After appealing to prayer warriors on FB to send thoughts and prayers to our old truck, in the end we realized that the most compassionate decision we could make was to put it out of its misery and to let it live on by donating its V10 engine to those in need. And after a suitable mourning period of half a weekend, Paul and I began the search for another.
“Are you getting a new one?” asked a friend, excitedly.
“Like I’d spend $75,000 to haul hay around in,” I sniped. “Spending that kind of money on a truck is insane. Anybody who’d spend that needs their head examined.”
“What if it was a horse?” retorted my friend.
“Completely reasonable,” I shrugged.
I combed ‘car gurus’ on line and found a couple of prospects. Paul and I wasted no time running over to Greer, (too much rust underneath and, surprise, a cracked dash on that Dodge) and then to Greenville (way over priced and too small a V8 in the Ford).
“Let’s just drive down towards Spartanburg and see what dealerships have trucks out front.” Paul suggested, and so we buckled up and before even leaving Landrum, stopped at a local dealer with a couple of very clean looking late model Fords. Wouldn’t that be nice, I thought, climbing out and walking to the front door of their building, to support a neighbor’s business.
“Out to lunch,” read the post-it stuck to the front door.
“Let’s move on,” I said, climbing back in beside Paul. “I love living in Mayberry, but sometimes lunches go on forever, especially if they’re eating at their momma’s.”
Heading through Inman, there was another attractive Ford 150 parked right out front of a dealer’s, and I was feeling far more optimistic as Inman is quite a bit bigger than Landrum, that they would have somebody to cover should someone need to run to Bojangles for lunch.
“Not looking good,” I called over my shoulder to Paul. “Door’s locked and the shades are down. Is today, like, a holiday or something?”
“It’s weird,” he agreed, “Like a Twilight Zone episode. I mean, normally when you go to a car lot you get tackled by a salesman before you get out of your car.”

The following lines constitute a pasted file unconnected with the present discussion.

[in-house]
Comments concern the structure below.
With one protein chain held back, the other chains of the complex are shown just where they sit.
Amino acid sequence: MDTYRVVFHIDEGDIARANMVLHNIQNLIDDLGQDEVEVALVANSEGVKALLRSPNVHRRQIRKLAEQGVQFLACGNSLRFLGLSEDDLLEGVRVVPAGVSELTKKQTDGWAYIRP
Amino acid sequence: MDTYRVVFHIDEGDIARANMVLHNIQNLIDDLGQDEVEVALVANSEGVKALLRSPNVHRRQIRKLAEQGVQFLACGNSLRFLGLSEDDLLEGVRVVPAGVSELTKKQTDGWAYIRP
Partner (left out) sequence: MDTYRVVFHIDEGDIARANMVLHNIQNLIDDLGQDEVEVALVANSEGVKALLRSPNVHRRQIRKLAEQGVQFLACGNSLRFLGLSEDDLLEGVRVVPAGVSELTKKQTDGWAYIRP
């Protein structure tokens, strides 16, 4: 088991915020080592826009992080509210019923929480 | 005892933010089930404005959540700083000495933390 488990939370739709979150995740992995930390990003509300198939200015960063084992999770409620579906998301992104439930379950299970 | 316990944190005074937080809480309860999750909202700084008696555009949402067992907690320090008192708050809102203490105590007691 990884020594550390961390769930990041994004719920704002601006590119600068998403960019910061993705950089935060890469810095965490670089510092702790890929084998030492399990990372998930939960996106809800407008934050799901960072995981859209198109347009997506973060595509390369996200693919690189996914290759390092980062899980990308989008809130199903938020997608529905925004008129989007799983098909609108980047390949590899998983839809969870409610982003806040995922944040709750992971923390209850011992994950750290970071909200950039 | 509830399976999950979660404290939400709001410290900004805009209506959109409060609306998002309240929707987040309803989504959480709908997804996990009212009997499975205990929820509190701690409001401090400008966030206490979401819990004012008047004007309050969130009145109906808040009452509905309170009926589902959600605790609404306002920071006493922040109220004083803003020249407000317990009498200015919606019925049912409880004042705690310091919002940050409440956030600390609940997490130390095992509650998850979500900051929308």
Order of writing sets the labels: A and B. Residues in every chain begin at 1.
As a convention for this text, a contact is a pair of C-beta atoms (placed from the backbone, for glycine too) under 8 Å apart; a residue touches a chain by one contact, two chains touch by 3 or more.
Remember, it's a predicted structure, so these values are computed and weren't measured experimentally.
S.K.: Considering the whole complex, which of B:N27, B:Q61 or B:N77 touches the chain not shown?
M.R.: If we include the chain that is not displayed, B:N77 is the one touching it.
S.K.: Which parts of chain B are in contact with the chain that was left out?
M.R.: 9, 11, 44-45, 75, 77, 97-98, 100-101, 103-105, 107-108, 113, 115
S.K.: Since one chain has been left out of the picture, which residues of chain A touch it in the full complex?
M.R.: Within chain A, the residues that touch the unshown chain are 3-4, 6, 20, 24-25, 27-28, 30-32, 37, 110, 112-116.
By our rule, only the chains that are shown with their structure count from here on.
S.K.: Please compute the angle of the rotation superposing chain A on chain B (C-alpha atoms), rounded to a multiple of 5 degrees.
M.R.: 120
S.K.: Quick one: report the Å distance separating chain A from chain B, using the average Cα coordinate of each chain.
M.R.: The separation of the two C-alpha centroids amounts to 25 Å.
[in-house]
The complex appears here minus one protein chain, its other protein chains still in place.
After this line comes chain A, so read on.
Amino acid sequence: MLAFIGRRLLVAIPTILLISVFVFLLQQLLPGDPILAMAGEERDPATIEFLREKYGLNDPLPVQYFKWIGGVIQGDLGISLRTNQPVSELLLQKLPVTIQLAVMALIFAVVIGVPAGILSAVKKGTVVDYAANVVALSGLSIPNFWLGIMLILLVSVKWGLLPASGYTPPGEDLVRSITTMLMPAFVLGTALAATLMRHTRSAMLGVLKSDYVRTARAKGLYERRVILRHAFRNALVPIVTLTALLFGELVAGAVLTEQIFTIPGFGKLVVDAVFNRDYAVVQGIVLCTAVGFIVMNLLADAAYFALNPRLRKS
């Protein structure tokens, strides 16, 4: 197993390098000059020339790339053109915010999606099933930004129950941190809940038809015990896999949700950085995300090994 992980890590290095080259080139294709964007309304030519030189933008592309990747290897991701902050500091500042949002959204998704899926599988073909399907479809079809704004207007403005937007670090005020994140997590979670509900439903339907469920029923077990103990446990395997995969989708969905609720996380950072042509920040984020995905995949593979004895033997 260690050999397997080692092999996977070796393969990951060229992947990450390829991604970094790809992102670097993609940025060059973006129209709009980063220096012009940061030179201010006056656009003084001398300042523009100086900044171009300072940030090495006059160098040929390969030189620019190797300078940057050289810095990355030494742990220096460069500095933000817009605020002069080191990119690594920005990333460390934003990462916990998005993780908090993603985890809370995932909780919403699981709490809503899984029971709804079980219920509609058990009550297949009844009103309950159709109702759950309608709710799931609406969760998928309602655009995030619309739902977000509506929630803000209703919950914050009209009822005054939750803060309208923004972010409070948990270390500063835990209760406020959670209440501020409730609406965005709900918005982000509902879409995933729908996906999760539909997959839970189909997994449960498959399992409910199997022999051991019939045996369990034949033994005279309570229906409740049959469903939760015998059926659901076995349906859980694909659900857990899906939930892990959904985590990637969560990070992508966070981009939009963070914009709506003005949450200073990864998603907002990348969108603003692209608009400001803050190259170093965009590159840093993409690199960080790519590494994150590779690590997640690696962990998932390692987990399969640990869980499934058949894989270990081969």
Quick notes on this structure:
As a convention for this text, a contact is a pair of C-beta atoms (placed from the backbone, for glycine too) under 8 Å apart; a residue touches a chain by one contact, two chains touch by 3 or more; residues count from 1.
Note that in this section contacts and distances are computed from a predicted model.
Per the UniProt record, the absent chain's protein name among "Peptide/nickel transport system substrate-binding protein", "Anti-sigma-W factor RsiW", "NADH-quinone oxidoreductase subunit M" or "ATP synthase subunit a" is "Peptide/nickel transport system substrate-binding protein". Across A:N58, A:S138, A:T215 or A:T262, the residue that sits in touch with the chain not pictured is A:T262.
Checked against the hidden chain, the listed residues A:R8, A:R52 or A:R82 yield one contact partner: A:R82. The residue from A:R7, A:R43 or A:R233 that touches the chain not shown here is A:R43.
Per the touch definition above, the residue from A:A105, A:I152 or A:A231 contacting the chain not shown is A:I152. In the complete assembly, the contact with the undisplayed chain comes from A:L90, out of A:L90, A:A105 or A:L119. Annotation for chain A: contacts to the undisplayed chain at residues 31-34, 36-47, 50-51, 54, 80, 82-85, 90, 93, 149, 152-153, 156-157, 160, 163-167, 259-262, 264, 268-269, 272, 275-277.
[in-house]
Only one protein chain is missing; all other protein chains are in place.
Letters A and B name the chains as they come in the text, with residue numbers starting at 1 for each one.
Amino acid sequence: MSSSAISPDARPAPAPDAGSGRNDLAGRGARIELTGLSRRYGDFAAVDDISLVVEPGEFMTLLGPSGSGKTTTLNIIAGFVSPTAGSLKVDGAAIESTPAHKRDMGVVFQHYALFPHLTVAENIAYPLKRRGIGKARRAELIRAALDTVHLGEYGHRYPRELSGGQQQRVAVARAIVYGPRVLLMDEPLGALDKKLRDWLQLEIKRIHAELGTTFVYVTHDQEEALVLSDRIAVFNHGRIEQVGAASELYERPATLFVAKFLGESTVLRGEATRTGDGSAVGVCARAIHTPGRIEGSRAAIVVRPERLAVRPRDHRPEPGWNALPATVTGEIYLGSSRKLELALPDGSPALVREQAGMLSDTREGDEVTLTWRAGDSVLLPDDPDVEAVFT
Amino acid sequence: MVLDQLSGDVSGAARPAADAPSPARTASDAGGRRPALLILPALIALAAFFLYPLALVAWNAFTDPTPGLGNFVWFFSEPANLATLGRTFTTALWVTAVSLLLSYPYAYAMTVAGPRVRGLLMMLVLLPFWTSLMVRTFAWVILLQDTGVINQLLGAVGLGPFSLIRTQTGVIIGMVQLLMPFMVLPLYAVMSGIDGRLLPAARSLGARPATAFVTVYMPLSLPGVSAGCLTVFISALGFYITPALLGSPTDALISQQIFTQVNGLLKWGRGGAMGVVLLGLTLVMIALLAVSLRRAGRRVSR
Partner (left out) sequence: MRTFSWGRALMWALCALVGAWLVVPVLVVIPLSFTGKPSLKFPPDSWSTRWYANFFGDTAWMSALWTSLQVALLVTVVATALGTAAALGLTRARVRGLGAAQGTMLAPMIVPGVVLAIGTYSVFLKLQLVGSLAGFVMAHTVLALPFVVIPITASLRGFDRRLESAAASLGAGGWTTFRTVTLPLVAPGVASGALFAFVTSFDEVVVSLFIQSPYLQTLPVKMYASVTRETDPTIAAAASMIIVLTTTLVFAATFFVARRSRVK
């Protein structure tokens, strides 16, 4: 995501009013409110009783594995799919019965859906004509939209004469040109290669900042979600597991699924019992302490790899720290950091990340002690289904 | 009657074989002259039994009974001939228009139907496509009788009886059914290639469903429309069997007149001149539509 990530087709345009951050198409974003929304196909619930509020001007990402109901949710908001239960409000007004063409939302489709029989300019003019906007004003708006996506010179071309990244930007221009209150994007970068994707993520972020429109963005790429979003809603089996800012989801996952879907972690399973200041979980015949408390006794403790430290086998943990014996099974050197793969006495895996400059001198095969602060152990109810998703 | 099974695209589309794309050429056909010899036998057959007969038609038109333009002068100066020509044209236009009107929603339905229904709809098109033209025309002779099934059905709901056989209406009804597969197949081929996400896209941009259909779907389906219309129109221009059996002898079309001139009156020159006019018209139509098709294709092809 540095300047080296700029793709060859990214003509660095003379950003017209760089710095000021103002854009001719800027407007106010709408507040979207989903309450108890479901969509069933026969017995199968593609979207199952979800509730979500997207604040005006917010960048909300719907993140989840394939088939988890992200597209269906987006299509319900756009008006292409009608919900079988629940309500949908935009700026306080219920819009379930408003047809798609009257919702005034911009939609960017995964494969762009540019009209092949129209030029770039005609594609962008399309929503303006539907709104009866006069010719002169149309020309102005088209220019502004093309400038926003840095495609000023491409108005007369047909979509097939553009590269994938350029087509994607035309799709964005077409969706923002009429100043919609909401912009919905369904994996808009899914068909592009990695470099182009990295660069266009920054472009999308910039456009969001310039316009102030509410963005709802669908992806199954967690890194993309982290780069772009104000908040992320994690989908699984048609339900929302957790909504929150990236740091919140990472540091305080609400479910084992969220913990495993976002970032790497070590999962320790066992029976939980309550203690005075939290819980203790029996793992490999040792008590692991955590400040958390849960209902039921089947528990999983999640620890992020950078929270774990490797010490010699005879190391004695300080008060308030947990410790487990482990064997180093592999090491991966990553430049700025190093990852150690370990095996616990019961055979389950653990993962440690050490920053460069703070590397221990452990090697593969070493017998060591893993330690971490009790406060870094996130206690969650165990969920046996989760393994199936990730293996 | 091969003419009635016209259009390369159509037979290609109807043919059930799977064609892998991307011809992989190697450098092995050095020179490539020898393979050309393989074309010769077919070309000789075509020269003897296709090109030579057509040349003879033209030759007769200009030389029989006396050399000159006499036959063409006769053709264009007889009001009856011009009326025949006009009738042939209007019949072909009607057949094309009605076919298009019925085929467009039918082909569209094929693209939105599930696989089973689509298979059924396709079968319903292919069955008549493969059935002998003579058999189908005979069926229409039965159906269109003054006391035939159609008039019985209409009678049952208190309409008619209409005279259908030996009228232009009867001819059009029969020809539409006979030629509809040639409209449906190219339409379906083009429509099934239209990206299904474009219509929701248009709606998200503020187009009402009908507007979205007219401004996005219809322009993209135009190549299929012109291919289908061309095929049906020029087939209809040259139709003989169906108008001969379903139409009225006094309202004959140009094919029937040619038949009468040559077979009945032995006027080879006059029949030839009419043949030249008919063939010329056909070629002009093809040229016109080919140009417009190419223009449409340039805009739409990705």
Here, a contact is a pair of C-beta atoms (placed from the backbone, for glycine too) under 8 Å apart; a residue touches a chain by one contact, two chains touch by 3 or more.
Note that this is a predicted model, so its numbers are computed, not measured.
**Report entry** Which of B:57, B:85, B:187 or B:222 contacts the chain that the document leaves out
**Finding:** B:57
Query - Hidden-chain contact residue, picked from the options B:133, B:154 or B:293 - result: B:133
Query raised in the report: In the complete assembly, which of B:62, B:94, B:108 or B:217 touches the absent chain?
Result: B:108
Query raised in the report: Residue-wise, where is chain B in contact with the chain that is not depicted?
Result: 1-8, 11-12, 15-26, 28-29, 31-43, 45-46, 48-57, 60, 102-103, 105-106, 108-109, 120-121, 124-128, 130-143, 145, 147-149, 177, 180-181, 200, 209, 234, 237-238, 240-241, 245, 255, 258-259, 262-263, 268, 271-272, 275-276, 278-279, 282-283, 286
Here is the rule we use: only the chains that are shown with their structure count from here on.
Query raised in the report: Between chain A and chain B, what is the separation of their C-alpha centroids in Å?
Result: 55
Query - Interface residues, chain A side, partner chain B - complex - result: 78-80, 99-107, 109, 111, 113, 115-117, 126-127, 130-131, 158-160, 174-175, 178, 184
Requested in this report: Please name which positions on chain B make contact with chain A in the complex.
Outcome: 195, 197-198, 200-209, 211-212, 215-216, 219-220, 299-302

The third dealership had a bit more of a reputation with rows of gleaming, quite new vehicles in their ‘Pre-Owned’ lot. But we did spy a nice looking prospect, as well as an employee in their body shop, washing down a Lexus.
“At least we know there’s someone actually here,” I laughed and together, we swung open the glass door of the main building, although I was somewhat puzzled at what appeared to be 4 dog leashes tied to the handle.
The leashes made perfect sense as a white standard poodle lay sacked out on a bench in the lobby area, oblivious to our presence, while another was sprawled in a bed on the floor.
“Hello?” I called tentatively. Neither dog stirred. An empty office stood directly in front of us and from the office adjacent to it, I heard movement. “Oh, good,” I said, “Someone’s coming.”
But the someone was a third enormous poodle, black in color, and clearly the alpha of the pack, or at least the only one still awake, who stuck his head around the corner and eyes locked on mine, met me with a growl.
“What is this,” Paul said, “Wild Kingdom?”
I stood stock still as the dog approached me haltingly, still growling, and averting my eyes asked, “Do you have any late model, low mileage, V8s on the lot?”
I received a growl in reply and knowing one should never show fear to an animal, turned and ran like hell, figuring Paul could tackle him if need be.
“You’d think these places would hire some extra sales people,” I said, slightly out of breath as we got back in the Subaru.
“I’ll apply for the job and then sell us a truck for a great deal,” Paul suggested.
In the end, we found our baby at the fourth dealership, and not because they were the first that had actual salespeople present. Late model, V8 trucks that are clean and reasonably priced are snapped up faster than funnel cakes at the fair, and it just happened that the sales manager was selling his personal truck because with a second baby, and struggling with two opposite facing car seats, really need a true 4-door vehicle. It’s an immaculate Chevy with a complete Carfax showing recent, pricey repairs and so it’s comforting that no alternator, gaskets, or air conditioning compressor will be needed any time soon.
Our own mechanic found it to be mechanically sound and the after-market doo-dads, including Blue tooth, are icing on the cake. Elated, Paul drove me back to the dealership to collect it and followed me home.
On the way back we passed all the lots we had also visited.
And I swear I saw that giant poodle staring at me through the window.